EP: Library Voices, Hunting Ghosts
Soon to be released on Young Soul Records (see interview this issue)
Your existence is a pinprick on a paper continent.
The patron saints all patronize me.
Step off the map and float!
And you float and you float and you float and you ohhh . . .
from ?Step Off the Map and Float,? Hunting Ghosts
I used to wonder what would happen to folk rock once the pantless, towheaded children of hippies grew up and decided to create their own music. What would they have to rail against? But when the bulk of the children of hippies did come of age there was still plenty to rail against, and they had the advantage of being cheered on by parents who were often more nonconformist than they were. Library Voices are a case in point.
Library Voices do not sing in library voices. They sing like drunks at an Irish wake (albeit drunks with perfect pitch). They sound like the punk offspring of The Incredible String Band. Their music is the kind that gets you through the worst depressions in your life by teaching you not to take that life so seriously.
I remember getting through one such episode in university with the help of The Nice, Godley and Creme, and They Might Be Giants. Their lyrics and arrangements were delightfully brilliant and exhibited an attitude of comic defiance of the oppression of industry and institutions, a defiance I really needed to hear.
I thought of them as my day-at-the-circus bands. Every generation of culture makers needs its day-at-the-circus bands, and I’m so glad this one hasn’t been let down.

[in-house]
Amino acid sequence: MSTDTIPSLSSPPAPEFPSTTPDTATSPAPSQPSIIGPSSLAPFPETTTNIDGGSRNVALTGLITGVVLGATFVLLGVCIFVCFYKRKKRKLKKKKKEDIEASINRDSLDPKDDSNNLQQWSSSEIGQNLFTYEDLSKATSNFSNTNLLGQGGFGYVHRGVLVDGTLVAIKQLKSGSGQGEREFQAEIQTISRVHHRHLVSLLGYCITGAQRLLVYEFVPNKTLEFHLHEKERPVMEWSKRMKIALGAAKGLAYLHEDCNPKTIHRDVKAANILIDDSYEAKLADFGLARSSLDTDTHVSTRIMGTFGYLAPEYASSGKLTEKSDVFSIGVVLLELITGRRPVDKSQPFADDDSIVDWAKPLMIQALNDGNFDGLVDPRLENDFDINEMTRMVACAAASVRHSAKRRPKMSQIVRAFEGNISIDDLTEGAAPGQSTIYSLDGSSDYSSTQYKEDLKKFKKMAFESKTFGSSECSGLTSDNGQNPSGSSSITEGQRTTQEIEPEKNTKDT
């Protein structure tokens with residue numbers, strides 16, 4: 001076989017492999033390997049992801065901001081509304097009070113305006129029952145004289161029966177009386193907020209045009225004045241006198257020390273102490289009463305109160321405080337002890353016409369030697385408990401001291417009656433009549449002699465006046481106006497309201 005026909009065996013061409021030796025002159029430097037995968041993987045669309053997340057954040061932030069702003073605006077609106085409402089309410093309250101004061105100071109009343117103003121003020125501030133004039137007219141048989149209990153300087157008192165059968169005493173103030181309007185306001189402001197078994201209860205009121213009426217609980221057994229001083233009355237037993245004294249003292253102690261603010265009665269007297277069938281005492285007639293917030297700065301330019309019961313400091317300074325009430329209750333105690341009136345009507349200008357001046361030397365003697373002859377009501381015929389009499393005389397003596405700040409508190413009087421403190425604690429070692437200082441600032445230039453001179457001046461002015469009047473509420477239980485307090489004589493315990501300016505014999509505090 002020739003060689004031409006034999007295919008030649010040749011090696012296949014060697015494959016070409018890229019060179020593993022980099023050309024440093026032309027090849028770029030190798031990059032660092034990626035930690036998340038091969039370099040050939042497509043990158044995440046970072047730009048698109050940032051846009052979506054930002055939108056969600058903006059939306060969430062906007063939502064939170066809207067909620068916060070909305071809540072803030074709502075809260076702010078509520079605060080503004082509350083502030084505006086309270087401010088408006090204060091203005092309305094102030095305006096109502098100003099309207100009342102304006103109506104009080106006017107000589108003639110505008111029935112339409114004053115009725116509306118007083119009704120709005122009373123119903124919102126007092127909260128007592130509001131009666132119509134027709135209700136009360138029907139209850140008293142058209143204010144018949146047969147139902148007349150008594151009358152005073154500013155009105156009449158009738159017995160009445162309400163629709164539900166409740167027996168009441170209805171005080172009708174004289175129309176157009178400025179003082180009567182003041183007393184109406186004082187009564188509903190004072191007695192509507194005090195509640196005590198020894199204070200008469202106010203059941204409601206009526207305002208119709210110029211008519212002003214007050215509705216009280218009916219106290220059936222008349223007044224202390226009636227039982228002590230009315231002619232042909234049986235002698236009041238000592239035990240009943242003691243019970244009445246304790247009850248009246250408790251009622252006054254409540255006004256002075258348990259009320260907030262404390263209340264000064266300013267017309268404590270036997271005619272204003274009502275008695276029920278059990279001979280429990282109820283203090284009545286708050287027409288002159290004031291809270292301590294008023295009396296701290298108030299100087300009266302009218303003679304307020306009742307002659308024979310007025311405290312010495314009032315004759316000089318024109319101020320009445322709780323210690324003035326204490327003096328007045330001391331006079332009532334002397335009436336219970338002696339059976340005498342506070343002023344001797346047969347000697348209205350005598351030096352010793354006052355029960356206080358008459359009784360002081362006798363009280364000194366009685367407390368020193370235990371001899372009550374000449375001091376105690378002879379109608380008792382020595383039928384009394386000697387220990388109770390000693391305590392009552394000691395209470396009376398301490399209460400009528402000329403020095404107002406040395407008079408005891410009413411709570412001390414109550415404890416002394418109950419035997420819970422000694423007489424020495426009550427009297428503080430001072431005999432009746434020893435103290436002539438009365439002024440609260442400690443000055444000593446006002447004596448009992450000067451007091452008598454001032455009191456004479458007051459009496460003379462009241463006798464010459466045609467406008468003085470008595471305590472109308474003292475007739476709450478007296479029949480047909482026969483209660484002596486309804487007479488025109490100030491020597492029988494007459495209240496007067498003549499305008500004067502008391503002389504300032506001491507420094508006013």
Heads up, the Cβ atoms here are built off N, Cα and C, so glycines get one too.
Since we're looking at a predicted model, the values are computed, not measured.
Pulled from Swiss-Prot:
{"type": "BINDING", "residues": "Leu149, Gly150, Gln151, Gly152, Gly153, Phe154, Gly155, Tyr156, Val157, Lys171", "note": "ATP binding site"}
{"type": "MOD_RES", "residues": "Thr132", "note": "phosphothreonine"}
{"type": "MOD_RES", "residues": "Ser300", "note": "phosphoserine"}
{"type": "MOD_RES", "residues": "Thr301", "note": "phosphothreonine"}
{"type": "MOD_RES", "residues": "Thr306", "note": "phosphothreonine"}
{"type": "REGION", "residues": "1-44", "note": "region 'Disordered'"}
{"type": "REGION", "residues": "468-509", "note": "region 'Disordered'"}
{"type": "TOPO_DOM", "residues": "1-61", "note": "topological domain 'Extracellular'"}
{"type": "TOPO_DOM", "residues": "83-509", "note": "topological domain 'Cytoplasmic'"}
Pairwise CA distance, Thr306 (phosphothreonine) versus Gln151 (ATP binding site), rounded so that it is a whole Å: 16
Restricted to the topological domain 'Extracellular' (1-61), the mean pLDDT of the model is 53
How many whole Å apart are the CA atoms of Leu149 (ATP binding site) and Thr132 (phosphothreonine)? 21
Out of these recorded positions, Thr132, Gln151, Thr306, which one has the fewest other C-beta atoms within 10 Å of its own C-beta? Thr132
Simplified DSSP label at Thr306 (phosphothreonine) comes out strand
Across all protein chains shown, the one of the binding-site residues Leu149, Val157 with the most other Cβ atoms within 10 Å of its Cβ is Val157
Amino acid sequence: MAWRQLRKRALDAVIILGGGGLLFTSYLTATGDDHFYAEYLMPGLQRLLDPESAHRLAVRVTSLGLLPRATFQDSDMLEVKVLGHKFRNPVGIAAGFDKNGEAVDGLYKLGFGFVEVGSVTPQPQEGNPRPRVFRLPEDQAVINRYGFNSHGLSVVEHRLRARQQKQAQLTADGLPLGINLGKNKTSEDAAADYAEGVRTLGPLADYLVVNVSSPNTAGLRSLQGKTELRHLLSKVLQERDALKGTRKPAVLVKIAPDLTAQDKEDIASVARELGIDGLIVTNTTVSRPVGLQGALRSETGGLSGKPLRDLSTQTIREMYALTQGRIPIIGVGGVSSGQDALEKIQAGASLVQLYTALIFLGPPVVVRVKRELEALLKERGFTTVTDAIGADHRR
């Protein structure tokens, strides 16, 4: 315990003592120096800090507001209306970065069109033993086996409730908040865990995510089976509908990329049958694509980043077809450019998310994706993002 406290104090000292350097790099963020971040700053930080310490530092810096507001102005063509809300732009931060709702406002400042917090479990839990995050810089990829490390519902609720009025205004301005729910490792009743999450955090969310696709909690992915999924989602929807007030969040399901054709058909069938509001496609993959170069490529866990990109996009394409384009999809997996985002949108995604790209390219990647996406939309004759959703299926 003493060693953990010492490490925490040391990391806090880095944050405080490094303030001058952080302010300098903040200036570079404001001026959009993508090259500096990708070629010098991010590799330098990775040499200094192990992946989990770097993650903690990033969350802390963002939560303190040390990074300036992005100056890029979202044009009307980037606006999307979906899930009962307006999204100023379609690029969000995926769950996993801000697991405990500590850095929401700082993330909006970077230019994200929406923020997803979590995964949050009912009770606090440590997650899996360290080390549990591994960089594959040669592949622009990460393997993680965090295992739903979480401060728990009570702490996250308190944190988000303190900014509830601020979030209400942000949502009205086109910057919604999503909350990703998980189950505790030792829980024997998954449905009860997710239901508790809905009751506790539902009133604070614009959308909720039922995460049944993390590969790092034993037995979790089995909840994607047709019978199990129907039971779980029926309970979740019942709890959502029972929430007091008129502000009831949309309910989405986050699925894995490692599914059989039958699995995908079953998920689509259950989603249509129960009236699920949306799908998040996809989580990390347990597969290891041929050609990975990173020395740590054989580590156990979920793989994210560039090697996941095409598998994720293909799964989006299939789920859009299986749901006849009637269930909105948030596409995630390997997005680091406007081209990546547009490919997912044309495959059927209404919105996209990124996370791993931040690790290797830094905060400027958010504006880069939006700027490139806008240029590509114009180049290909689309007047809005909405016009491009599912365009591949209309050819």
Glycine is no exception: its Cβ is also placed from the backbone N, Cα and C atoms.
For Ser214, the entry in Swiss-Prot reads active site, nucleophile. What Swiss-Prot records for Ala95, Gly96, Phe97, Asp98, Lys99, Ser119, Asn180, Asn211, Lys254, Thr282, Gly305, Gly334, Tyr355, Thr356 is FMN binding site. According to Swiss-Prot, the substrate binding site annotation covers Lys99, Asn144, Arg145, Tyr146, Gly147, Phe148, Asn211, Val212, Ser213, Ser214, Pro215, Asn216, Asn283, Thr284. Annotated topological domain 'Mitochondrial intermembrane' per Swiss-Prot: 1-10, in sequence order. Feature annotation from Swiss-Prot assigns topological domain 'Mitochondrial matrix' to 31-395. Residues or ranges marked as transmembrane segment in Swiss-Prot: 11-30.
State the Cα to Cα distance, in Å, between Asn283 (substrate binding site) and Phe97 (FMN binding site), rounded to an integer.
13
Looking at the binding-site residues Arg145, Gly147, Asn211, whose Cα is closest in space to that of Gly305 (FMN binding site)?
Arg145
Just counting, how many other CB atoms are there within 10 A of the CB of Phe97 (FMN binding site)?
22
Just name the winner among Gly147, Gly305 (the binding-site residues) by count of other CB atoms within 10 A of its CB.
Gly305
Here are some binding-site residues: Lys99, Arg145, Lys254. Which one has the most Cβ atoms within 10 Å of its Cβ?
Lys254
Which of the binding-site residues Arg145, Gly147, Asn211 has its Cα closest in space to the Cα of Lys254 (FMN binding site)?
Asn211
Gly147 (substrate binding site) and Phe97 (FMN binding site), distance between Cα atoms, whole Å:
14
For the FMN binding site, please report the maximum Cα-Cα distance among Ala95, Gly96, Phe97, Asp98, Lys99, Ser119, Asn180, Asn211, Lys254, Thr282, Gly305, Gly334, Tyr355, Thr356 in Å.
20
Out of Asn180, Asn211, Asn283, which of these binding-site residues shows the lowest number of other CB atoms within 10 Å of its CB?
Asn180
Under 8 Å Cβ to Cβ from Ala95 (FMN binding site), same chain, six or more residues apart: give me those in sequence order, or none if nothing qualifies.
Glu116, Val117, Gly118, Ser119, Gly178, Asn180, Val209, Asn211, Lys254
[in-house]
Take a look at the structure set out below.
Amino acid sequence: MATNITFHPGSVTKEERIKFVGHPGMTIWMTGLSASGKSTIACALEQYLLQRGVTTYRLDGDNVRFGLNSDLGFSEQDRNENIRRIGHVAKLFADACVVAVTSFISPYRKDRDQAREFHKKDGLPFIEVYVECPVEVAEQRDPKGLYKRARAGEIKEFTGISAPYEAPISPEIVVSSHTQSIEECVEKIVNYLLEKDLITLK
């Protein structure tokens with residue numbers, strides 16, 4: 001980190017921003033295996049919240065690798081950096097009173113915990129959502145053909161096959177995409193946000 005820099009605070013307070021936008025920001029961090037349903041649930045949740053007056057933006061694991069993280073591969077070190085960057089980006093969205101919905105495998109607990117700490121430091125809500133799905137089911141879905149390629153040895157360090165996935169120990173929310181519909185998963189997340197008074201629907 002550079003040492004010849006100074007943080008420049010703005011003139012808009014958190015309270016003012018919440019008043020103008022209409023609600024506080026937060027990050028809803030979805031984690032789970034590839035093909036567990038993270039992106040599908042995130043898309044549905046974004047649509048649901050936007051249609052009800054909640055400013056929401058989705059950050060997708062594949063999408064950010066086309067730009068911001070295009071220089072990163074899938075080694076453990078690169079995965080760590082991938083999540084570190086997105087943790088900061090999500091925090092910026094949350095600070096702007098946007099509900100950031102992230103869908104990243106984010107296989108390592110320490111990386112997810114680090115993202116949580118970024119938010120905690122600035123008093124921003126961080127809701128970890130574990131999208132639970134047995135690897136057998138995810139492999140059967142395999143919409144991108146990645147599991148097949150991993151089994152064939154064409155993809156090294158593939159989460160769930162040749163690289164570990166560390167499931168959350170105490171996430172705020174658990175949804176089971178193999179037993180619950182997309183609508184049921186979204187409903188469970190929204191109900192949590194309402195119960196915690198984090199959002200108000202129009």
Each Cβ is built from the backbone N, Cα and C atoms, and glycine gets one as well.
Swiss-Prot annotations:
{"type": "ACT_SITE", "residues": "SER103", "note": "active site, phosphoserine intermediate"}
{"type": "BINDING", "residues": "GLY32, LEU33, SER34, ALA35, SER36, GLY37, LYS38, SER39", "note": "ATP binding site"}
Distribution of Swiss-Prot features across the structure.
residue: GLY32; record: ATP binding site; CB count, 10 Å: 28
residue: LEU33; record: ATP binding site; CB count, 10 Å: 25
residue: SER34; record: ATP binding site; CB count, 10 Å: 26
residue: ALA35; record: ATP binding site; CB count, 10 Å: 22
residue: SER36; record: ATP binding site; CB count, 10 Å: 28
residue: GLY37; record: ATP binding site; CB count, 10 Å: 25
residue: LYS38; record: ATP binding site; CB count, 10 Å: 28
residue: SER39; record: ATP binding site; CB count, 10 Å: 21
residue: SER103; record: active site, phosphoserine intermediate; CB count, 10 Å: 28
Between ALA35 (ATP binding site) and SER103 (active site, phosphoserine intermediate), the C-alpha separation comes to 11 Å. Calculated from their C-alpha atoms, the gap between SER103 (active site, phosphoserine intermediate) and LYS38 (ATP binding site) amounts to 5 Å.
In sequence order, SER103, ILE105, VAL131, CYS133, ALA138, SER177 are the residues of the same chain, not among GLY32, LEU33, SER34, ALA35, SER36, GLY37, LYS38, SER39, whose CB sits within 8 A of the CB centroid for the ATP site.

The Hunting Ghosts song titles alone are windows to a zany universe ripe with hidden meaning (?Step Off the Map and Float,? ?Kundera on the Dance Floor,? ?Things We Stole from Vonnegut’s Grave,? ?The Lonely Projectionist? . . .), but have a good listen to the words.
Mike Dawson’s lyrics are not designed to lull and suppress. These are danceable tunes for bookish sorts, especially those bookish sorts with an affinity for science fiction and ?60s authors.
The music is upbeat, packed with space sounds, straight-ahead rock-and-roll riffs and rhythms, and Motown energy. The melodies are incredibly listenable and yet a perfect fit for the sometimes convoluted rhythms of the lyrics.
Hunting Ghosts lives up to five of The Mindful Bard’s criteria for music well worth a listen: 1) it is authentic, original, and delightful; 2) it makes me want to be a better artist; 3) it displays an engagement with and compassionate response to suffering; 4) it provides respite from a sick world, a respite enabling me to renew myself for a return to mindful endeavour; and 5) it stimulates my mind.